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In-document search

[In-document search]

There is a relatively unexplored layer of metadata inside the document formats we use, such as Office documents. This allows to answer queries like: show me all the reports with edits made within a timespan, by a certain user or by a group of users. Or: Show me all the hyperlinks inside documents pointing to a web resource that is about to be moved. Or: list all presentations that contain this copyrighted image. Such embedded information could be better exposed to and used by search engines than is now the case. The project expands the ODF toolkit library to dissect file formats, and will potentially have a very useful side effect of maturing the understanding of document metadata at large and for collaborative editing of documents in particular.

Why does this actually matter to end users?

Searching usually starts with a vague memory, a name or number that is in the back of your mind, some little detail that sticks with you, but unfortunately does not tell you where you need to start your search and how. How humans search and how computers handle your query does not always overlap, which can be frustrating: you end up shouting at your screen.

One of the technologies that can make search and discovery more intuitive is semantic search, which is poetically explained as 'search with meaning'. Essentially, instead of searching for a literal number or letter, semantic search tools better understand the context, location, intent, word variations, and other important points you would imply when typing in a query. You do not know what file you are searching for, but you know it has something to do with your upcoming tax report. Or you cannot remember for the life of you that person's name, but you know who their colleagues are. Semantic search takes your vague plan and scraps of information and instantly knows how everyone is connected, giving you the information you were looking for.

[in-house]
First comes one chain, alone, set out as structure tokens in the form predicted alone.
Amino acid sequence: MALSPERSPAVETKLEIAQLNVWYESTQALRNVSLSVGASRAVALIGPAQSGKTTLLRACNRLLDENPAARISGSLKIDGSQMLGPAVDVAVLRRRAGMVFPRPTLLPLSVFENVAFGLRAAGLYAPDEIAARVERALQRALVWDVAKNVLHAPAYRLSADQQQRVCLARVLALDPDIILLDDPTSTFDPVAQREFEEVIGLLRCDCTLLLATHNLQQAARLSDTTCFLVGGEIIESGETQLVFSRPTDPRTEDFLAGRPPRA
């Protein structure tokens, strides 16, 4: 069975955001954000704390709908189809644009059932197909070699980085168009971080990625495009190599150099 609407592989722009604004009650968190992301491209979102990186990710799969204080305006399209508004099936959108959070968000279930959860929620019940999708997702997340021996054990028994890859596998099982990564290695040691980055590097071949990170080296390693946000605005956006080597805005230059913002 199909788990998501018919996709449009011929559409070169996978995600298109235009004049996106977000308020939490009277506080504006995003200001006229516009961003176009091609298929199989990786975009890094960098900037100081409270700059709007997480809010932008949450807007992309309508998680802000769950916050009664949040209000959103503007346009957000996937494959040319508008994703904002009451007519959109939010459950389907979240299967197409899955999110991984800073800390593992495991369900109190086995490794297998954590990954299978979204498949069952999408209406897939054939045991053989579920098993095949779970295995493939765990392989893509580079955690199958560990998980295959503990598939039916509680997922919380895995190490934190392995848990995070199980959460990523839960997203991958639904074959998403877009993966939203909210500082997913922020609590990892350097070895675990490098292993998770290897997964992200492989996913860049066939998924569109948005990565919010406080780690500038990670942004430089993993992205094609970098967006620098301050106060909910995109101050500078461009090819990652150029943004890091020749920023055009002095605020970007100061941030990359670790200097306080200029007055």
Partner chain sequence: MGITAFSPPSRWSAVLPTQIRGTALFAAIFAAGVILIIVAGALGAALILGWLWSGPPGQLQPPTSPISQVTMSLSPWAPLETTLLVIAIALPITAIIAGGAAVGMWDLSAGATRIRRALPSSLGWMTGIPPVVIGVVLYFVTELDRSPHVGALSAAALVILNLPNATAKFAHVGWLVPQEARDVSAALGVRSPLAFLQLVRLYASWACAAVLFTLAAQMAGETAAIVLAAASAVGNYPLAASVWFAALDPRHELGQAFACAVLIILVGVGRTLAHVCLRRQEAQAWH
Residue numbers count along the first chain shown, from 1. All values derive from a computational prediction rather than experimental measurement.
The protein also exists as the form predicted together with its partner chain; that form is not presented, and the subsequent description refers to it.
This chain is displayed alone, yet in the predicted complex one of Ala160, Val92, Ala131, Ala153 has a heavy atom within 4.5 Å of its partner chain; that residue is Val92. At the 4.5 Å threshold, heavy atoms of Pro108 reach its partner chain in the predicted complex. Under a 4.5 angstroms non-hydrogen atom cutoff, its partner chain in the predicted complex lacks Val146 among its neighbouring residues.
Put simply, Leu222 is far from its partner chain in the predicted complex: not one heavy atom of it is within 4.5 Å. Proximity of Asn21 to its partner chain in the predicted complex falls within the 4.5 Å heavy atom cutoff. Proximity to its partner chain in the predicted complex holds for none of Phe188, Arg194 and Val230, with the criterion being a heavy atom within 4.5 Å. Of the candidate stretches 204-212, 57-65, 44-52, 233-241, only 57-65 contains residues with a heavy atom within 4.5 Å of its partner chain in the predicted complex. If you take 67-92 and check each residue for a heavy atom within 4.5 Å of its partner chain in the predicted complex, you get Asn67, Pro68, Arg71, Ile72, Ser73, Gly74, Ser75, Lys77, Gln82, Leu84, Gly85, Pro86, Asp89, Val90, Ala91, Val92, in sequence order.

Intuitive semantic search requires rich data structures, for example the information hidden in the documents we make. Not only the metadata that states you saved a text file at a certain time in a particular folder, but also more detailed information and connections like what images in your presentation are copyrighted, what links in your reports do not work anymore, etcetera. This project aims to develop these search capabilities for OpenDocument files, a widely used open document standard. Especially when handling a lot of documents and data, such detailed search can be an incredible time saver, or even provide unique new insights, for example in data-centered research or journalism.

Run by independent freelancer

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This project was funded through the NGI0 Discovery Fund, a fund established by NLnet with financial support from the European Commission's Next Generation Internet programme, under the aegis of DG Communications Networks, Content and Technology under grant agreement No 825322. Applications are still open, you can apply today.